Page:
Gaussian quadrature with a to $[0,1]$ reference domain instead of a $[-1,1]$ reference domain?

For 1-d Gaussian quadrature with two points per element we have the following formula to transform an integral from an arbitrary domain $[a, b]$ to the reference domain $[-1,1]$ on which various Gaussian quadrature formulas for weights node points are defined -

$$\int_a^b f(x) dx \approx \frac{b-a}{2}\sum_{i=1}^n w_i f(\frac{b-a}{2}x_i + \frac{a+b}{2})$$

where, in the case of $n = 2$ points we have $x_i = \pm \frac{1}{\sqrt{3}}$ and $w_i = 1$. See Gaussian Quadrature

Now I am wondering what is the equivalent transformation if our reference domain is $[0,1]$ instead of $[-1,1]$. We will obviously have to change the transformation that gets applied to $x_i$ and the scaling factor outside the integral. Do we also have to transform the weights?

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Consider first the mapping from $[-1,1]$ to $[a,b]$, that is, $$g_1(\widehat{x})=\frac{b-a}{2}\widehat{x}+\frac{b+a}{2},$$ which clearly satisfies $g_1(-1)=a$ and $g_1(1)=b$. Then by the change of variables $$\int_a^b f(x)\,\mathrm{d}x = \int_{-1}^1 f(g_1(\widehat{x}))\frac{b-a}{2}\,\mathrm{d}\widehat{x} = \frac{b-a}{2}\int_{-1}^1 f(g_1(\widehat{x}))\,\mathrm{d}\widehat{x},$$ where the integral on the right hand side can be computed using the quadrature rule $$\int_{-1}^1 f(g_1(\widehat{x}))\,\mathrm{d}\widehat{x} = \sum_{i=1}^n \widehat{w}_i f(g_1(\widehat{x}_i))$$ with some points $\widehat{x}_i \in [0,1]$ and weights $\widehat{w}_i$, $i \in \{1,\cdots,n\}$.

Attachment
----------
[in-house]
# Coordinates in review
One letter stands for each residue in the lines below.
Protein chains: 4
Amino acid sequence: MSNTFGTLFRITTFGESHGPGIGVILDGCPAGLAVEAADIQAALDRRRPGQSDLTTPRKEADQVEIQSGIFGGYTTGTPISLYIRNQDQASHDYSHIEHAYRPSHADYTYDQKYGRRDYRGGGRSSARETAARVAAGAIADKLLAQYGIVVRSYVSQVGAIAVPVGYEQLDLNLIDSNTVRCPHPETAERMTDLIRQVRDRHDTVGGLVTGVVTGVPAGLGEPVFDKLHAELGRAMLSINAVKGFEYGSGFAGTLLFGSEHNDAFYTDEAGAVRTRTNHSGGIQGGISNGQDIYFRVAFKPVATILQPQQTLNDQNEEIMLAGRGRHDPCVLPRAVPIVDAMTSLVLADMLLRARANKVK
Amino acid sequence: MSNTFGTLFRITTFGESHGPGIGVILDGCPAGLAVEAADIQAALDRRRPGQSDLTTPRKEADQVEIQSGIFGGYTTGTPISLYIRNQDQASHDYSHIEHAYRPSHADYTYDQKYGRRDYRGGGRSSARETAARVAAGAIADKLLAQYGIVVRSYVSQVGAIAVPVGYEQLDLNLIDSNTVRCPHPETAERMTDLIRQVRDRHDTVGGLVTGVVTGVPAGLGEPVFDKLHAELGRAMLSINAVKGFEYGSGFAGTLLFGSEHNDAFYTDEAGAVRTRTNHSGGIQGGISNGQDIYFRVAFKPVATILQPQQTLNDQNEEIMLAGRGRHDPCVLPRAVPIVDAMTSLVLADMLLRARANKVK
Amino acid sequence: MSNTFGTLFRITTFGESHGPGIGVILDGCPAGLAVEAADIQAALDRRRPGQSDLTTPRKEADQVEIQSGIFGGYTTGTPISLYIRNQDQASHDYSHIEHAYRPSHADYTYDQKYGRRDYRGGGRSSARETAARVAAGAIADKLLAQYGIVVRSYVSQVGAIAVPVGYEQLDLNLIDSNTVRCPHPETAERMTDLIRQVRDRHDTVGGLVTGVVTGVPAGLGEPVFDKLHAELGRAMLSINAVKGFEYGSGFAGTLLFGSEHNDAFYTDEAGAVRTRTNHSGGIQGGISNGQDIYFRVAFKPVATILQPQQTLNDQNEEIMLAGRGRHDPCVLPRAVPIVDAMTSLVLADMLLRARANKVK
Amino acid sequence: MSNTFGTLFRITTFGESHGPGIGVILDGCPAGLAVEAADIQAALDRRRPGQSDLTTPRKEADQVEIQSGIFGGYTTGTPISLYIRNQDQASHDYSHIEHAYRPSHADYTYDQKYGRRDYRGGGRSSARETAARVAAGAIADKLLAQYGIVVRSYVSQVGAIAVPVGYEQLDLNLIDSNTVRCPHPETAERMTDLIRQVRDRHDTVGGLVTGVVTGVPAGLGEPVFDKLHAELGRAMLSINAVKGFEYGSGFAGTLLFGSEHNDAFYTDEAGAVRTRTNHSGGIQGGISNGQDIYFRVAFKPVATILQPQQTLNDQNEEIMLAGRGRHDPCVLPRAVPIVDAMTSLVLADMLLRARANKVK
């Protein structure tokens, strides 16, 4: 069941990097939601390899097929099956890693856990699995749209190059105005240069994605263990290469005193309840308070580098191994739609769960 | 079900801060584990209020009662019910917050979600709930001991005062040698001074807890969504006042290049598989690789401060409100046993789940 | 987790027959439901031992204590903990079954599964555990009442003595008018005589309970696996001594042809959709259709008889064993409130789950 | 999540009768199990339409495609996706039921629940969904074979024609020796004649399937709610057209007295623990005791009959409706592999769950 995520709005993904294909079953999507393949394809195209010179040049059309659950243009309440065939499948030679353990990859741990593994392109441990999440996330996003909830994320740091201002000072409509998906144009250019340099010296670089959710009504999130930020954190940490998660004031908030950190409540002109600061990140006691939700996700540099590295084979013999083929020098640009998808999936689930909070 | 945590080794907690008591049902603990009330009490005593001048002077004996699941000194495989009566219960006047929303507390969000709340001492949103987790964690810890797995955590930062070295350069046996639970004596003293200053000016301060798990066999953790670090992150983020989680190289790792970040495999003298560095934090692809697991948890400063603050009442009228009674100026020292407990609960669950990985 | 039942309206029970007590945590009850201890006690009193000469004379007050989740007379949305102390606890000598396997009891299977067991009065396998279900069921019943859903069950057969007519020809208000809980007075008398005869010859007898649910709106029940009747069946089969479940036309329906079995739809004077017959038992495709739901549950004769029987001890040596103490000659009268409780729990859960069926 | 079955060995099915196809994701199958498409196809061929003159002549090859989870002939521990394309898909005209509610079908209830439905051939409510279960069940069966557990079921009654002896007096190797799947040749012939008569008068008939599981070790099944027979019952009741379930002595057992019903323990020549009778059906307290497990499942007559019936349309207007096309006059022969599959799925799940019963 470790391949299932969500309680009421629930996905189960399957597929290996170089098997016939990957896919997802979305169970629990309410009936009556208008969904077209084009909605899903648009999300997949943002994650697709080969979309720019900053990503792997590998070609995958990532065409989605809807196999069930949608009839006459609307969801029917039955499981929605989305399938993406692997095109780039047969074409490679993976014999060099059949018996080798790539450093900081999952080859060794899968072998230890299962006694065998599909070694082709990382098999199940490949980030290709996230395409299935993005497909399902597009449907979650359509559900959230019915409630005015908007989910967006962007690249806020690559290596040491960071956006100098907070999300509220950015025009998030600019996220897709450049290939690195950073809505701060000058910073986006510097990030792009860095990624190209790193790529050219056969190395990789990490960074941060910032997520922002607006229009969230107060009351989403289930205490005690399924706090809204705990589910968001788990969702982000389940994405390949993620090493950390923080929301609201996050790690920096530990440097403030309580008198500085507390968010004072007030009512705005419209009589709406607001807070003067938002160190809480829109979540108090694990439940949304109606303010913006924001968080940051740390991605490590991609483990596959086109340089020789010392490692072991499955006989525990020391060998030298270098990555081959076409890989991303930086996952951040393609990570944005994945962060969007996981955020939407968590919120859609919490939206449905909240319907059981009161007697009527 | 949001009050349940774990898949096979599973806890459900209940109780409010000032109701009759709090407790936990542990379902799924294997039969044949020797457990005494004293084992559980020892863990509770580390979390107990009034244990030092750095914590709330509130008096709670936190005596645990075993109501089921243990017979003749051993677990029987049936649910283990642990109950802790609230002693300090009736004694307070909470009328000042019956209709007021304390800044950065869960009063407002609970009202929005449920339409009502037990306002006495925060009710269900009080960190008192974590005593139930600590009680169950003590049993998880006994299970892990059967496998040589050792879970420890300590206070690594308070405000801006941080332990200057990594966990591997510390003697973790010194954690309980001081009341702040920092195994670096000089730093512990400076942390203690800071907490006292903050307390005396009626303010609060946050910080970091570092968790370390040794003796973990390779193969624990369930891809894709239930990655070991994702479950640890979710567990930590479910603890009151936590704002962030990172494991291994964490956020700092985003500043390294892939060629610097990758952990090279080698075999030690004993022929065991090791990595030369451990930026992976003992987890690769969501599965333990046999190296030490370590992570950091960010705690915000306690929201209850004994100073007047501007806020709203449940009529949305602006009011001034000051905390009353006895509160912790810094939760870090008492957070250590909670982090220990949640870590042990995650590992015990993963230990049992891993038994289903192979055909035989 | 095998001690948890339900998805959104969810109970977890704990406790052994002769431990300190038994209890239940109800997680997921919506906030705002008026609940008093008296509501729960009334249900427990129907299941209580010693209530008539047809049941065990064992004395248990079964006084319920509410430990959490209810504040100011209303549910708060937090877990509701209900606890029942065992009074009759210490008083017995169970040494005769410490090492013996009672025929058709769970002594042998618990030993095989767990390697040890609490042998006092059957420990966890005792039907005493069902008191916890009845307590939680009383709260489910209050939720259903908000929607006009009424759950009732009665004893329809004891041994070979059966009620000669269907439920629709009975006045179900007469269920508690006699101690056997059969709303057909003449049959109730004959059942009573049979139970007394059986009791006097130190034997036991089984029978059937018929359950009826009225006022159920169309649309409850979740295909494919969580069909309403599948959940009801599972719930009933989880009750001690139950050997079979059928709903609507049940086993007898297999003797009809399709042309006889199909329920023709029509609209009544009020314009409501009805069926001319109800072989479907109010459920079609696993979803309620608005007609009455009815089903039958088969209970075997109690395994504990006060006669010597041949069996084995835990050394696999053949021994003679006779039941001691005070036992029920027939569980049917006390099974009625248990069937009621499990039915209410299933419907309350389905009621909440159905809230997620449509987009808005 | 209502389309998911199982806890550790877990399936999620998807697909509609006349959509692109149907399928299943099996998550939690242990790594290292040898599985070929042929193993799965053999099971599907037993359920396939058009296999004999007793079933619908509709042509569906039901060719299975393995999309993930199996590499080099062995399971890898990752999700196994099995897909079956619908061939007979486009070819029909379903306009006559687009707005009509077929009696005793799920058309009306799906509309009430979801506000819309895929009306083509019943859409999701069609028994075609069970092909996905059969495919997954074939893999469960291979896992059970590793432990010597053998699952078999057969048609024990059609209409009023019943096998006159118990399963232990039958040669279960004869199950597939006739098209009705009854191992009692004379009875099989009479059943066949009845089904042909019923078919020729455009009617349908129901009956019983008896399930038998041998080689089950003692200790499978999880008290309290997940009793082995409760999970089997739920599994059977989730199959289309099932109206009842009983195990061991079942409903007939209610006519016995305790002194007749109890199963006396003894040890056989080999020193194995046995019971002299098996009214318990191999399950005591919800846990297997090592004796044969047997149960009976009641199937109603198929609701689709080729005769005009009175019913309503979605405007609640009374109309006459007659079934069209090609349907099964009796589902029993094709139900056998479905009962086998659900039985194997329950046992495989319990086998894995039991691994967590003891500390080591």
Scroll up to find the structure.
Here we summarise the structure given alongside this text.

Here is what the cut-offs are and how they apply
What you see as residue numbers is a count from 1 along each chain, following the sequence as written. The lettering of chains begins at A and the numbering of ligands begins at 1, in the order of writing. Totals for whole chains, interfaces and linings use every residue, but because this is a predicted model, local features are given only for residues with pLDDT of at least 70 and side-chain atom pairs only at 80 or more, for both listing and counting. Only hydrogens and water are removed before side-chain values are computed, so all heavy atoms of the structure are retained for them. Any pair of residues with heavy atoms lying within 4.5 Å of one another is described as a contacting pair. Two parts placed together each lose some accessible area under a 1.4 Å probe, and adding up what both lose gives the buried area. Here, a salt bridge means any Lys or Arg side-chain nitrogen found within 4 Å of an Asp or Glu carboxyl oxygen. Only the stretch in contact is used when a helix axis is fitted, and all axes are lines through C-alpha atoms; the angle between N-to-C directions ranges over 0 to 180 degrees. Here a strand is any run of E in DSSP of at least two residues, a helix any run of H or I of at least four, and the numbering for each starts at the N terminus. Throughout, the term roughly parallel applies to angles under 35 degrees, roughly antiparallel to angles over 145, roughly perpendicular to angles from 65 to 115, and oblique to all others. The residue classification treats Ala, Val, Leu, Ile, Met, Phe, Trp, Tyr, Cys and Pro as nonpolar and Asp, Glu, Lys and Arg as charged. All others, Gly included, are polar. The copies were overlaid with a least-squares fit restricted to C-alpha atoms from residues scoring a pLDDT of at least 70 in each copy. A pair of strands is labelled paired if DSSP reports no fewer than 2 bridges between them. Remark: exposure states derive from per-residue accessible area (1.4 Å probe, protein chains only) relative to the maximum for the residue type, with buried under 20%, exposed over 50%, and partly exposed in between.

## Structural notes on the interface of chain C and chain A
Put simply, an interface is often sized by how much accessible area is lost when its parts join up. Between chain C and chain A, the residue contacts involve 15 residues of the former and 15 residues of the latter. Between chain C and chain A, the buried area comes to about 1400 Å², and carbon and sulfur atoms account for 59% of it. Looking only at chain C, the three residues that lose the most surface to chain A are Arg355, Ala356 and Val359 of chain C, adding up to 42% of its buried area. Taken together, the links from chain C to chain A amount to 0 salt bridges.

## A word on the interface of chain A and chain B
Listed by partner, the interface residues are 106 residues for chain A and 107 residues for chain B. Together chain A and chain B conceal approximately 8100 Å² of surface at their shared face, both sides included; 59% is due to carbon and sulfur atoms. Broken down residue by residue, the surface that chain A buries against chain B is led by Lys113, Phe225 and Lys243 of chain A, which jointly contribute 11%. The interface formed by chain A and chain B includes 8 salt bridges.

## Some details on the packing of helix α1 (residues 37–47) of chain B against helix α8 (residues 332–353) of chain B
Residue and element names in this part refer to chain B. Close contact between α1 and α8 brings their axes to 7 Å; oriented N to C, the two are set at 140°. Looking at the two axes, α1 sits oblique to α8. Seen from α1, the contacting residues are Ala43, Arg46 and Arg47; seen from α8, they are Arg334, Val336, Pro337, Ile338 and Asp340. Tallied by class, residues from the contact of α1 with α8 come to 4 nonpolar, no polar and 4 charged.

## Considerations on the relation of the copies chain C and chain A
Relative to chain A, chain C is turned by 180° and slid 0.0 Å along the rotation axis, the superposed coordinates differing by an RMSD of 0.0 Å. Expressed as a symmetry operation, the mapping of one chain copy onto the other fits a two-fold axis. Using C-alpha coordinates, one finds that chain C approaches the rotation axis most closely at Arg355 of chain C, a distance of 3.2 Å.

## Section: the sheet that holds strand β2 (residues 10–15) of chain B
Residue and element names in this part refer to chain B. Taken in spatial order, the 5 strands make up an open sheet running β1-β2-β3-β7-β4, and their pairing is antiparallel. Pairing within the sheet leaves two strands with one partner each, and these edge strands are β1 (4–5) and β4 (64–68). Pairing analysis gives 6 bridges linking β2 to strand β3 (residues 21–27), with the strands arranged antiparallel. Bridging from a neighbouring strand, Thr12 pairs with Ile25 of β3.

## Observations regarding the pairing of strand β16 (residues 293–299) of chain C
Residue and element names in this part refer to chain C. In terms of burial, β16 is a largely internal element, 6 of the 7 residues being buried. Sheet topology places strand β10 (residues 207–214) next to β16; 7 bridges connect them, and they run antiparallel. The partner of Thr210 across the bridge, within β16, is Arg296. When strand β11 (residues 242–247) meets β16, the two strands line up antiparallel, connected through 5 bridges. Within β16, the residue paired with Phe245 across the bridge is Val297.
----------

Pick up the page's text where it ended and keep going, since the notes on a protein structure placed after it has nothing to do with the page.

Next consider the mapping from $[0,1]$ to $[a,b]$, that is, $$g_2(\widetilde{x})=(b-a)\widetilde{x}+a,$$ which satisfies $g_2(0)=a$ and $g_2(1)=b$. Similarly as before $$\int_a^b f(x)\,\mathrm{d}x = \int_0^1 f(g_2(\widetilde{x}))(b-a)\,\mathrm{d}\widetilde{x} = (b-a)\int_0^1 f(g_2(\widetilde{x}))\,\mathrm{d}\widetilde{x},$$ and $$\int_0^1 f(g_2(\widetilde{x}))\,\mathrm{d}\widetilde{x}=\sum_{i=1}^n \widetilde{w}_i f(g_2(\widetilde{x}_i))$$ for some other points $\widetilde{x}_i \in [0,1]$ and weights $\widetilde{w}_i$, $i \in \{1,\cdots,n\}$.
Combining some of the previous equations we get $$(b-a)\int_0^1 f(g_2(\widetilde{x}))\,\mathrm{d}\widetilde{x}=\frac{b-a}{2}\int_{-1}^1 f(g_1(\widehat{x}))\,\mathrm{d}\widehat{x}$$ or, equivalently, $$\sum_{i=1}^n \widetilde{w}_i f(g_2(\widetilde{x}_i)) = \frac{1}{2} \sum_{i=1}^n \widehat{w}_i f(g_1(\widehat{x}_i)).$$ This holds true if $$\widetilde{w}_i = \frac{\widehat{w}_i}{2}$$ and $$(b-a)\widetilde{x}_i+a = \frac{b-a}{2}\widehat{x}_i+\frac{b+a}{2} \Rightarrow \widetilde{x}_i = \frac{1}{2}\widehat{x}_i+\frac{1}{2}$$ for every $i\in\{1,\cdots,n\}$. In conclusion, we can get the quadrature $(\widetilde{x}_i,\widetilde{w}_i)$ for the domain $[0,1]$ from the quadrature $(\widehat{x}_i,\widehat{w}_i)$ for the domain $[-1,1]$ by using the formulae \left\{ \begin{aligned} \widetilde{w}_i &= \frac{\widehat{w}_i}{2}, \\ \widetilde{x}_i &= \frac{1}{2}\widehat{x}_i+\frac{1}{2}. \end{aligned} \right.